Maybe we shouldn't be so hasty.

It is popular now for leaders in Canada to wring their hands over the debacle that caused the speaker of their parliament to be thrown under the bus resign his position. I mean, what else can you do when you've singled out for special honor a Ukrainian "war hero" who courageously fought Russia during World War II, and Justin Trudeau and the entire parliament have joined Volodymyr Zelenskyy in giving him a double standing ovation, only to have the obvious brought to your attention: Um, sir, weren't the Russians our allies during WWII? Wasn't this man a Nazi, fighting on the wrong side?

Leaving aside the fact that life, history, and politics are complicated things, and our enemy one year may be our staunch ally a decade or two later, and that the Soviet Union was actually responsible for far more democide than Nazi Germany, and that maybe the man did act heroically for what he saw as the right cause—the point is that one does not speak positively about anyone who can be branded with the term Nazi, much less someone who actually was one. It is simply not done. Not without committing political suicide.

So all those politicians who stood up and cheered have my sympathy, in a sense. I can imagine them, half-heartedly paying attention to the speeches they are paid to pretend to pay attention to, all the while conducting political business with their near neighbors, or fantasizing about lunch, or wondering how they could have avoided the morning's fight with their teens. The signal to applaud comes, they clap, the people around them stand, they stand. It's understandable.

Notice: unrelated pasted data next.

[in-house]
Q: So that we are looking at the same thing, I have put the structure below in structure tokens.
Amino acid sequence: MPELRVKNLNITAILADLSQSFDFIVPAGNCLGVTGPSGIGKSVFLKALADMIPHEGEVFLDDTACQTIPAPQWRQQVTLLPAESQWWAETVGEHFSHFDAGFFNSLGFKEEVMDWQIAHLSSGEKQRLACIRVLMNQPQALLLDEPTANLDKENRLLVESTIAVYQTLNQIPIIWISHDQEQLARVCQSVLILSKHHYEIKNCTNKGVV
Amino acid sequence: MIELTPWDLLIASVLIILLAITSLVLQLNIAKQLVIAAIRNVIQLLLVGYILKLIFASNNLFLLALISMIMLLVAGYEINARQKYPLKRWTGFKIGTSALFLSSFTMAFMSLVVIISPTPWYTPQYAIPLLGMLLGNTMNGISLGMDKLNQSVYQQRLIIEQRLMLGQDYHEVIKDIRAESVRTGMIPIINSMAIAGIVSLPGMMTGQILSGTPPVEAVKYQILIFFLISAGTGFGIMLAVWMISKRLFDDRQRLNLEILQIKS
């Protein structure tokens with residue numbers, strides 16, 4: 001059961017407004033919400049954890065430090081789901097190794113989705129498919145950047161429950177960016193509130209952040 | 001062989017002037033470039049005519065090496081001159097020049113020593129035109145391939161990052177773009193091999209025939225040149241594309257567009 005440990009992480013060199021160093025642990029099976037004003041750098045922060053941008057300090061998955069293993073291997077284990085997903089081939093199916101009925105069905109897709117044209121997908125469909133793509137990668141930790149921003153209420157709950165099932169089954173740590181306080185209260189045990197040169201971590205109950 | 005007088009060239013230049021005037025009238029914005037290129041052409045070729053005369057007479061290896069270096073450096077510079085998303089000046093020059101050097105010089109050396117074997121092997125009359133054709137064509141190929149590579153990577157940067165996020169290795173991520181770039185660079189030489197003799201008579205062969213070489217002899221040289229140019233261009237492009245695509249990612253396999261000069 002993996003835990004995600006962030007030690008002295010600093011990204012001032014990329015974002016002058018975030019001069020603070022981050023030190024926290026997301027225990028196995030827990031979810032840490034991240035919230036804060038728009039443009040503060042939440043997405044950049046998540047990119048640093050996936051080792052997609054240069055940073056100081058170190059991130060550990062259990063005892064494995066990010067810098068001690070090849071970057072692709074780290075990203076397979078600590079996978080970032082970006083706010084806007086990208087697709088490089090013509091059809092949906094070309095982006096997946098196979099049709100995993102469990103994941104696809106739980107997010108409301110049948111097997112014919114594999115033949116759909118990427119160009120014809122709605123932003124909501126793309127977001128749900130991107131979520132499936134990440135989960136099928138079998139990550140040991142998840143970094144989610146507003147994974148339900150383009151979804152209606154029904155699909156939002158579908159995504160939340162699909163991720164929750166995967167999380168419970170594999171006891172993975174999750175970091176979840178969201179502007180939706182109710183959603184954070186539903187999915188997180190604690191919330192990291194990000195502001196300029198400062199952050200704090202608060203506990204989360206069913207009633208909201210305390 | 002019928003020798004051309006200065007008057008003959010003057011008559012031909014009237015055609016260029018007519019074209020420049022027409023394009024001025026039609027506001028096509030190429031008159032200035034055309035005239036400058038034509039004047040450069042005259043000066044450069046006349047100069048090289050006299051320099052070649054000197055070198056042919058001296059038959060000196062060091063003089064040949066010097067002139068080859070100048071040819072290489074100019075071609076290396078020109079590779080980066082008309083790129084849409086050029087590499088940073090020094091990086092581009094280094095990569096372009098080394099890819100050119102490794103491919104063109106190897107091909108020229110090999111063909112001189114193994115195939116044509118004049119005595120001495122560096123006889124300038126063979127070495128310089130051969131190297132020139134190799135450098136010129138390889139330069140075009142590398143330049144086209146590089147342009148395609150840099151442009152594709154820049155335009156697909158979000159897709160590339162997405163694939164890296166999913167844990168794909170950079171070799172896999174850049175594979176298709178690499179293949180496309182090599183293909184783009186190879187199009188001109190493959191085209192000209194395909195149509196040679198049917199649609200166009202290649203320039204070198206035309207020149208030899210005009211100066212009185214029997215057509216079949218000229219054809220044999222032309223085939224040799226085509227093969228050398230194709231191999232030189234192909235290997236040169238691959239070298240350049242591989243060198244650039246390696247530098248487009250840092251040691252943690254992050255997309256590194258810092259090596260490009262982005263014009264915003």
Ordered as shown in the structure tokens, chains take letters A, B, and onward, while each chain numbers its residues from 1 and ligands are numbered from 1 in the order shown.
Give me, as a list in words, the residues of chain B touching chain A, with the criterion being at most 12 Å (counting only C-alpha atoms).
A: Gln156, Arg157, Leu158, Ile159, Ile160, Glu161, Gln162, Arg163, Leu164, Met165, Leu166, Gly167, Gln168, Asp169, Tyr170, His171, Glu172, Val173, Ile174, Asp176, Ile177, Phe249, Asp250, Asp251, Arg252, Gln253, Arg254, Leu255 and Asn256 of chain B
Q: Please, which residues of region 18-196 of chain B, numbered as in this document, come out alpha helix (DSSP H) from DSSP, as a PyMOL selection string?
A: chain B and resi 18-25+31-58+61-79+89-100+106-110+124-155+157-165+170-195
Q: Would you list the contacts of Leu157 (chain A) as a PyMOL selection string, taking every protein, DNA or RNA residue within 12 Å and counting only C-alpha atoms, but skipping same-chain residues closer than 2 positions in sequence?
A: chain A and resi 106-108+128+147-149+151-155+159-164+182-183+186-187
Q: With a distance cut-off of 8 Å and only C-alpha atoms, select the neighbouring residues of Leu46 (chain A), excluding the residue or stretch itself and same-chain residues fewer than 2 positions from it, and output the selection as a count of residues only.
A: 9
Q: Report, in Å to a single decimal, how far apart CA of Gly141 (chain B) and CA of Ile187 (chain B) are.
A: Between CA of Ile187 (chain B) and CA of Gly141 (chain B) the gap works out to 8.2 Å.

But one could wish, could hope, that somewhere among all those well-educated folks who were elected to lead the country and represent their fellow Canadian citizens, a few could have been found who paused and asked themselves, "If this hero fought the Soviets in WWII, doesn't that mean...?"

I'm not going to embarrass myself by wondering if I would have done better (I'd most likely have been writing a blog post in my head instead of paying attention to the speakers), nor if our children and grandchildren realize fully enough that Russia was our ally in World War II.

I will hope, however, that this event will at least make us stop and think before following the crowd in either its cheers or its jeers.

Posted by sursumcorda on Sunday, October 15, 2023 at 11:22 am | Edit
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Ten years ago I asked for help in petitioning the government to grant asylum in the United States to the Romeike family, who were being persecuted in Germany for their homeschooling beliefs. After a surprisingly long and somewhat discouraging battle, they were granted

“indefinite deferred action status,” which allowed them to live, work, and remain safely in the United States without fear of deportation.

Until last month.

Then, in September 2023, the Romeikes were told during a routine check-in that their deferred status had been revoked. The family was given four weeks to apply for German passports, so they could be deported to Germany. The family had no prior warning, and was offered no explanation, other than that there had been a “change of orders.”

Homeschooling is still illegal and actively prosecuted in Germany. Two of the family's children were born here, and are American citizens. Another two are married to American citizens, and one of these couples has a child—also, of course, American.